WASHINGTON — President Joe Biden on Friday signed into law a funding bill to keep the government running through Dec. 16, averting a shutdown ahead of a midnight deadline.
The House passed the legislation earlier in the day as a final act of business before both chambers of Congress recess for six weeks until the midterm election.
The Friday vote was 230-201, with 10 Republicans joining Democrats to pass it. The Senate passed the bill 72-25 on Thursday.
The stopgap measure gives congressional leaders additional time to negotiate a full-year funding deal, along with a host of other priorities they intend to tackle in the lame-duck session. That includes a defense authorization bill and a package of changes to election laws designed to prevent another Jan. 6-style attempt to overturn a presidential election.
The bill includes $12 billion in assistance to Ukraine, money for Afghan refugees, enhanced security for U.S. courts and a five-year reauthorization of user fees for the Food and Drug Administration.
House Republican leaders pressured their members to vote against the legislation, indicating a split between House Minority Leader Kevin McCarthy and Senate Minority Leader Mitch McConnell, who supported the measure. It is a sign that must-pass funding measures could get contentious if Republicans capture the House this fall.
The Senate's top two appropriators — Committee Chair Patrick Leahy, D-Vt., and Richard Shelby, R-Ala. — are retiring at the end of the year and want to go out with a larger funding deal, rather than punt the issue into the new year.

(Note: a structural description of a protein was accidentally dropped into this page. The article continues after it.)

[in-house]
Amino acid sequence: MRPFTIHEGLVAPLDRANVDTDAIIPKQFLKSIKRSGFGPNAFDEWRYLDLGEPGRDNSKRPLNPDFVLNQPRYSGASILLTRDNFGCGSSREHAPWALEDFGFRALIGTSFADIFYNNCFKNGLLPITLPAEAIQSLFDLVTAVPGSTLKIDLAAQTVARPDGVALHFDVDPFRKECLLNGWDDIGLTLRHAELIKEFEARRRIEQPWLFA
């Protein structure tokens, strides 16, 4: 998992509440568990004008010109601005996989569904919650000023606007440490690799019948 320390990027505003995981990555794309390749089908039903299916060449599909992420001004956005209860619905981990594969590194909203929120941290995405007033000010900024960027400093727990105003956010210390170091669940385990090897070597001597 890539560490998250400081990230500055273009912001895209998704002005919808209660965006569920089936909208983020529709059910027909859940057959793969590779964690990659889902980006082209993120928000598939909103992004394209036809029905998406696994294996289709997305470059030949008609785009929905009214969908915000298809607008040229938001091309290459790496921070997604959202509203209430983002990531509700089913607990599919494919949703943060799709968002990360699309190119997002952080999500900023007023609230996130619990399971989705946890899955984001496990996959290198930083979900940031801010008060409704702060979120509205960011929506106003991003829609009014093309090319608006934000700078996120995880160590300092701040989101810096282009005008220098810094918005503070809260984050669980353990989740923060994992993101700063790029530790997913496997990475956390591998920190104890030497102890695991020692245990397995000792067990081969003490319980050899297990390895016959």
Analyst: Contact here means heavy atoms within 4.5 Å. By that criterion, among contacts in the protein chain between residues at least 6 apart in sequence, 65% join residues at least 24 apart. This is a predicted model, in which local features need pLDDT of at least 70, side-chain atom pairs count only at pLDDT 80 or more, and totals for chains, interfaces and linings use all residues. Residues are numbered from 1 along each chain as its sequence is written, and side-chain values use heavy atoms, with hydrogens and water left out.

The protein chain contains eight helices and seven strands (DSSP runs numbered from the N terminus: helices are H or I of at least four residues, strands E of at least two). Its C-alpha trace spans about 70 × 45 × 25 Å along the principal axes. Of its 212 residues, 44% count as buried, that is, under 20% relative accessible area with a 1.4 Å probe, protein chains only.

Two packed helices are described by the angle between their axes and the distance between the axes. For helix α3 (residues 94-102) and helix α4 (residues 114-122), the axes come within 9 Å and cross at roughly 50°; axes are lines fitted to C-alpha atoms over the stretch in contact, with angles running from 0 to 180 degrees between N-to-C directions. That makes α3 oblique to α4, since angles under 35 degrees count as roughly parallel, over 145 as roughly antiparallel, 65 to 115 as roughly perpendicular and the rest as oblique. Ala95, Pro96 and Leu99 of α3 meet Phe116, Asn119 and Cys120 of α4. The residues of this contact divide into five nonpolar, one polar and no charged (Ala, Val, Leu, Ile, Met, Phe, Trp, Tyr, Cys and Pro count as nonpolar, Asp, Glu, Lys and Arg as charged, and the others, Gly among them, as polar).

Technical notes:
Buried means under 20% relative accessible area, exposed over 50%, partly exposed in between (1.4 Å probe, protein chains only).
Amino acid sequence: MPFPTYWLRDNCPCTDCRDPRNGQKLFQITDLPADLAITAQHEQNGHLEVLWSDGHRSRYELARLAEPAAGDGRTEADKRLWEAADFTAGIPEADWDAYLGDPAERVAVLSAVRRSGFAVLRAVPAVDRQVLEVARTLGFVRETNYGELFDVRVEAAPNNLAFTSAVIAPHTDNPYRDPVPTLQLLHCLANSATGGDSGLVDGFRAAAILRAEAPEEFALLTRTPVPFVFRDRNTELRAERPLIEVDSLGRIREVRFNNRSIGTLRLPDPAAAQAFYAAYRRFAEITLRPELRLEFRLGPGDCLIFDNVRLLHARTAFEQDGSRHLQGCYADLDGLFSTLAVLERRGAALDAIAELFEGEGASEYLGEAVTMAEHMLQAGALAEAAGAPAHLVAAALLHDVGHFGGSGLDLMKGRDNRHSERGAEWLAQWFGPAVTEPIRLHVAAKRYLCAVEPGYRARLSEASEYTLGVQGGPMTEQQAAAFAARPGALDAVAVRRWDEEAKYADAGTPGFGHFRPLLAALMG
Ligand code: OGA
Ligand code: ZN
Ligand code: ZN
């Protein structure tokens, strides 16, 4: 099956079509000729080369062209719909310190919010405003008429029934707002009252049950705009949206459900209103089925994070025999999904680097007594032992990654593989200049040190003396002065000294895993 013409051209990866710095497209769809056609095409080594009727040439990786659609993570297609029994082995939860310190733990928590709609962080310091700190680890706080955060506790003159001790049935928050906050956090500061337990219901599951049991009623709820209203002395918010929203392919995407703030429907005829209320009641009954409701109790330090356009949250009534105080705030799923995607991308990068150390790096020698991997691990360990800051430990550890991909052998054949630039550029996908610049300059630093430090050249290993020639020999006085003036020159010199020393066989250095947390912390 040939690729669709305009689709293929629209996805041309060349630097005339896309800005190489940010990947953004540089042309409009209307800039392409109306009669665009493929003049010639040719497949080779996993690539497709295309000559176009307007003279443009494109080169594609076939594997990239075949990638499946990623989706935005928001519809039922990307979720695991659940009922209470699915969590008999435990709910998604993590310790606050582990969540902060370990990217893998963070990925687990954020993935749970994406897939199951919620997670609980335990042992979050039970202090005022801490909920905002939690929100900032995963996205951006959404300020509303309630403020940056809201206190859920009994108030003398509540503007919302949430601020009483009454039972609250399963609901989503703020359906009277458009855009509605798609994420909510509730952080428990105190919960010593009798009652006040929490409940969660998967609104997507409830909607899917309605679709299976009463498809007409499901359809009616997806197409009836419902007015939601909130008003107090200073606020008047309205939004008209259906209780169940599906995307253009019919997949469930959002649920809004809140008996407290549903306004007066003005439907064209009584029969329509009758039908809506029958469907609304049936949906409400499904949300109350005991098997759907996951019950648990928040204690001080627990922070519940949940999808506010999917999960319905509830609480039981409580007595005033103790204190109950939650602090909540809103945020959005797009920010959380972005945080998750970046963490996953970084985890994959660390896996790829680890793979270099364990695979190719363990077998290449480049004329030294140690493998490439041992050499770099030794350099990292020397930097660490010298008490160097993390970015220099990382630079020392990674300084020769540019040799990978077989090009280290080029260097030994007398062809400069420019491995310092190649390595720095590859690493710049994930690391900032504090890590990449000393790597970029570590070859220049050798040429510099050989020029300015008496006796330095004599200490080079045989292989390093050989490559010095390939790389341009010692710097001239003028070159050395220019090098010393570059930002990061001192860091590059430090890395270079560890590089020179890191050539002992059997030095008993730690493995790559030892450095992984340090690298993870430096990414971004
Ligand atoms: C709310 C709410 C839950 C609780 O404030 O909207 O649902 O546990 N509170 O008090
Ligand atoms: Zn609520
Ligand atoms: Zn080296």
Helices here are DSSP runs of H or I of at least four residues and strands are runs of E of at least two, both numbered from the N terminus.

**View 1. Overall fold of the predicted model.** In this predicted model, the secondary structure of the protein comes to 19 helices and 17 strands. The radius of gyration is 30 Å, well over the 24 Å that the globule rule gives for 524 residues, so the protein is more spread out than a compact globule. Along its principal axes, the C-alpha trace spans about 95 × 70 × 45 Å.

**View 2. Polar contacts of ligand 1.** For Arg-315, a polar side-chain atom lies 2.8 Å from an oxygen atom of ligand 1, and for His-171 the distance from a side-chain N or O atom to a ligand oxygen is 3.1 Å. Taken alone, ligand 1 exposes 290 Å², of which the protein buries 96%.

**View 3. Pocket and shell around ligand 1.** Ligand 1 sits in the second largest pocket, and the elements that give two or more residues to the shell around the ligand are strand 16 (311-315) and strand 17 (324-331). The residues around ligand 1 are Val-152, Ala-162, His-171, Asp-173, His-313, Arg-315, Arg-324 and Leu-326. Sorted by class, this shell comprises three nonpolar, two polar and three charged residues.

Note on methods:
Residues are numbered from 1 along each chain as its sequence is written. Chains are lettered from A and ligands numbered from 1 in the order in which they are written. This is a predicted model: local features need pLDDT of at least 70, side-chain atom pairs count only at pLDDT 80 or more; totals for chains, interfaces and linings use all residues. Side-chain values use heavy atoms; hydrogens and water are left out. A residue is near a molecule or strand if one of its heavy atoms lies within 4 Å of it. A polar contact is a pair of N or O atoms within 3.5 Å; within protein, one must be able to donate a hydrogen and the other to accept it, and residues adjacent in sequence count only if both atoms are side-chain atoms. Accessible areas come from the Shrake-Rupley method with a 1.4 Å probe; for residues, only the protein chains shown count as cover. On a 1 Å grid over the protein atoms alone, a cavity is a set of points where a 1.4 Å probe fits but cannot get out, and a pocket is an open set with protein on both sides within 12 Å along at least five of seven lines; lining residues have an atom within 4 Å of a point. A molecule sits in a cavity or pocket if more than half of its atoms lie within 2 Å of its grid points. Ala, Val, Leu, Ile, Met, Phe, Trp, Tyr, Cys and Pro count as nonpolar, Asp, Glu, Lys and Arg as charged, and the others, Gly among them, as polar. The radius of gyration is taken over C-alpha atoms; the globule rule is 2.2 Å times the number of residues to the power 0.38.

Even though Congress successfully kept the government open, the session ended on a sour note for some House Democrats.
Rep. Abigail Spanberger of Virginia excoriated party leaders for failing to call a vote on her TRUST in Congress Act, which would ban members of Congress from trading stock while in office. The bill is aimed at boosting transparency and battling possible insider trading by requiring members, as well as their spouses and dependent children, to put certain assets in a blind trust.
“This moment marks a failure of House leadership — and it’s yet another example of why I believe that the Democratic Party needs new leaders in the halls of Capitol Hill, as I have long made known,” said Spanberger, who faces a difficult re-election bid in November. “Rather than bring Members of Congress together who are passionate about this issue, leadership chose to ignore these voices, push them aside, and look for new ways they could string the media and the public along — and evade public criticism.”